One of the drawers in my bedroom is filled with socks. In the back of that drawer, buried behind those socks is a green and orange lacquered box which was carved and painted by my father many years ago. It is chipping and old and the clasp that keeps it closed is on the verge of breaking. On the top of the box my father drew a unicorn. On the front is an angel. On one side there is the face of the family dog from that time, an Airedale. On the other side are two sheep (I cannot remember why, if there even was a reason, probably because I was an animal lover), and on the back of the box it says “Love Story”, with the faces of a boy and a girl who are supposed to be me and my then high school boyfriend. The boy’s face looks like he did, the girl does not look like me at all. Hopefully – wishfully – I just checked the bottom of the box (again) to see if he had signed or inscribed it, as if I could magically make that happen. I knew he hadn’t. I am sorry that he never did, as now he is gone.
When my father gave me this gift, I collected up all the mementos I had saved at the time and put them in that box. Over the years I have added to it periodically, although it is now so full that it barely will close. It is an assortment of varied and poignant articles, mostly from childhood but not totally. Tonight I was putting some things away and found something I wanted to add to the box, so I dug it out, and of course, got lost in those memories once again.
At the bottom of the box, covered by a piece of maroon velvet, are some notes and letters. One, a valentine from my high school boyfriend, reads “Although the road was long, although the going was tough, you’re still my valentine after 2 1/2 years of your stuff.” Actually, he had spelled valentine wrong and there was no punctuation. There is a little drawing of Jerry Garcia’s face at the bottom of it (he was a serious Dead Head). I laughed seeing it again, just as I have every time I have come across it. We had dated for a few years. He put up with my “stuff”. That boyfriend tragically died later on, when he was in his thirties.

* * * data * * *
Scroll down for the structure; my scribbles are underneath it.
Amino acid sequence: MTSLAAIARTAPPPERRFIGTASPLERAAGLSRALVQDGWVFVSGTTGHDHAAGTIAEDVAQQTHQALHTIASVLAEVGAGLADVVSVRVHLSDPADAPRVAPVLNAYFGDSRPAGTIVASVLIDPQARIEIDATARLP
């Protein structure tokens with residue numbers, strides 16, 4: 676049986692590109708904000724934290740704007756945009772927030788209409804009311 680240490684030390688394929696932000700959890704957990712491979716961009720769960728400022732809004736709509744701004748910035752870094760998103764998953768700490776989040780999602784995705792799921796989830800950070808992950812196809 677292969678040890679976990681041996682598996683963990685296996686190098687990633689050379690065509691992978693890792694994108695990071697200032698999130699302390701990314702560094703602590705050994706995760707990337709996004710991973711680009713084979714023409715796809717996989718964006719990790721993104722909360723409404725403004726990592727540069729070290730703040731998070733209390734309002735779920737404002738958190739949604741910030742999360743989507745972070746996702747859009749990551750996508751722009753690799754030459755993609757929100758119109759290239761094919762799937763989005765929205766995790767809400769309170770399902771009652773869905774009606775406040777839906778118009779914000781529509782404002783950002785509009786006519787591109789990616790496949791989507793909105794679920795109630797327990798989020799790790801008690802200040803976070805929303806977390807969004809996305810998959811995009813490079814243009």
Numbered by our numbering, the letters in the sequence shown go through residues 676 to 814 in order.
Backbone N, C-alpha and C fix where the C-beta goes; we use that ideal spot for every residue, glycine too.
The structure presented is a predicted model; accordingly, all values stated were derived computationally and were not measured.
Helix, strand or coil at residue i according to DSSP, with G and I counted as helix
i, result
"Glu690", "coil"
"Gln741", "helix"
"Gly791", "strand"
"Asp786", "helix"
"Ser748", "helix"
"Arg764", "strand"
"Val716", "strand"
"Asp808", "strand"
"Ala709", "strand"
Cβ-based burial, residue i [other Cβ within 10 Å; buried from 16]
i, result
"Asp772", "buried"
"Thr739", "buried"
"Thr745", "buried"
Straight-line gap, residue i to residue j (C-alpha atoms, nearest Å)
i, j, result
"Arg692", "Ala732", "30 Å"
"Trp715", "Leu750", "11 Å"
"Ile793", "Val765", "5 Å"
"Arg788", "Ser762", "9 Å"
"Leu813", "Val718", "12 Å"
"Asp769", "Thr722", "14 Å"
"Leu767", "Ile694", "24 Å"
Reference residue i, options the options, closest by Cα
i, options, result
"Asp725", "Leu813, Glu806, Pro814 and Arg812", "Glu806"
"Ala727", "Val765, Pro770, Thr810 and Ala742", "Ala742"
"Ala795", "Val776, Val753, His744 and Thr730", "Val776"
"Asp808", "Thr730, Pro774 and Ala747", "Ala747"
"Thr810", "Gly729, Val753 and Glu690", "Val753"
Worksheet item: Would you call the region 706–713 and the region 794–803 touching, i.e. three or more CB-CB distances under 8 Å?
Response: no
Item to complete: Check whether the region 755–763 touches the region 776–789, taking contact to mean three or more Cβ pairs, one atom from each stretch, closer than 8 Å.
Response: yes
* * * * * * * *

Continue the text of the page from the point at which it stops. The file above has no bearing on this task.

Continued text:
There is the newspaper clipping want ad from a job I was hired for thirty-some-odd years ago, as a veterinary technician. Airmail letters from another relationship, luring me across the ocean. Love letters from the man who later became my husband and many years later not my husband anymore – letters that I found so incredibly moving still, after all these years, that my throat tightened and had to wonder sadly “what happened?”.
There is a telegram that was sent to me when I lived abroad with a message that is made of the stuff you see in movies.
The birth announcements for each of my children.
And a card with such sweet, promising words that had accompanied the gift of a beautiful string of pearls, from a fiance who eventually became corrupt, leaving me to wonder if any of his words had ever really been true.
A Polaroid photograph of the S.O. and myself taken by one of the kids, which used to grace our refrigerator door – the first photo of us together (and one of the few where he is actually cooperating and smiling).
On top of the paper items sit a variety of small objects. A sample of what is contained within:
A tiny valentine made by my youngest sister, then a child, and a paper ring made as a gift by another little sibling long ago.
The ID tags from the collars of beloved dogs.
A little red plastic fish change purse that my mother had given me when she returned home after a long hospital stay, the blue fins having broken off long ago. Inside that change purse is the key to my first car and the key to my first apartment. The key to the first apartment was red because in my youth I thought having a red key was such a hot thing to do.
Polished rocks my little brother made in his rock tumbler when he was a boy (I can still remember my mother complaining about the ongoing noise as that thing ran 24-hours a day).
A scrap of fabric from the living room curtains of a little magic cottage in the woods I once lived in.
Shells collected on various beaches. Keys to diaries long gone. A small license plate with my name on it from the 1963 World’s Fair. A postcard sent to me from Japan, wishing I was there too. A cast bronze peanut from an art foundry I once worked at. A tiny plastic daisy decal I wore glued on to my face around 1969.
A small sample vial of perfume that my mother used to keep in a box in her drawer. She didn’t wear that scent and never used it – and neither have I.
A rock shaped like a heart. A pistachio shaped like a heart. Beach glass, some shaped like hearts.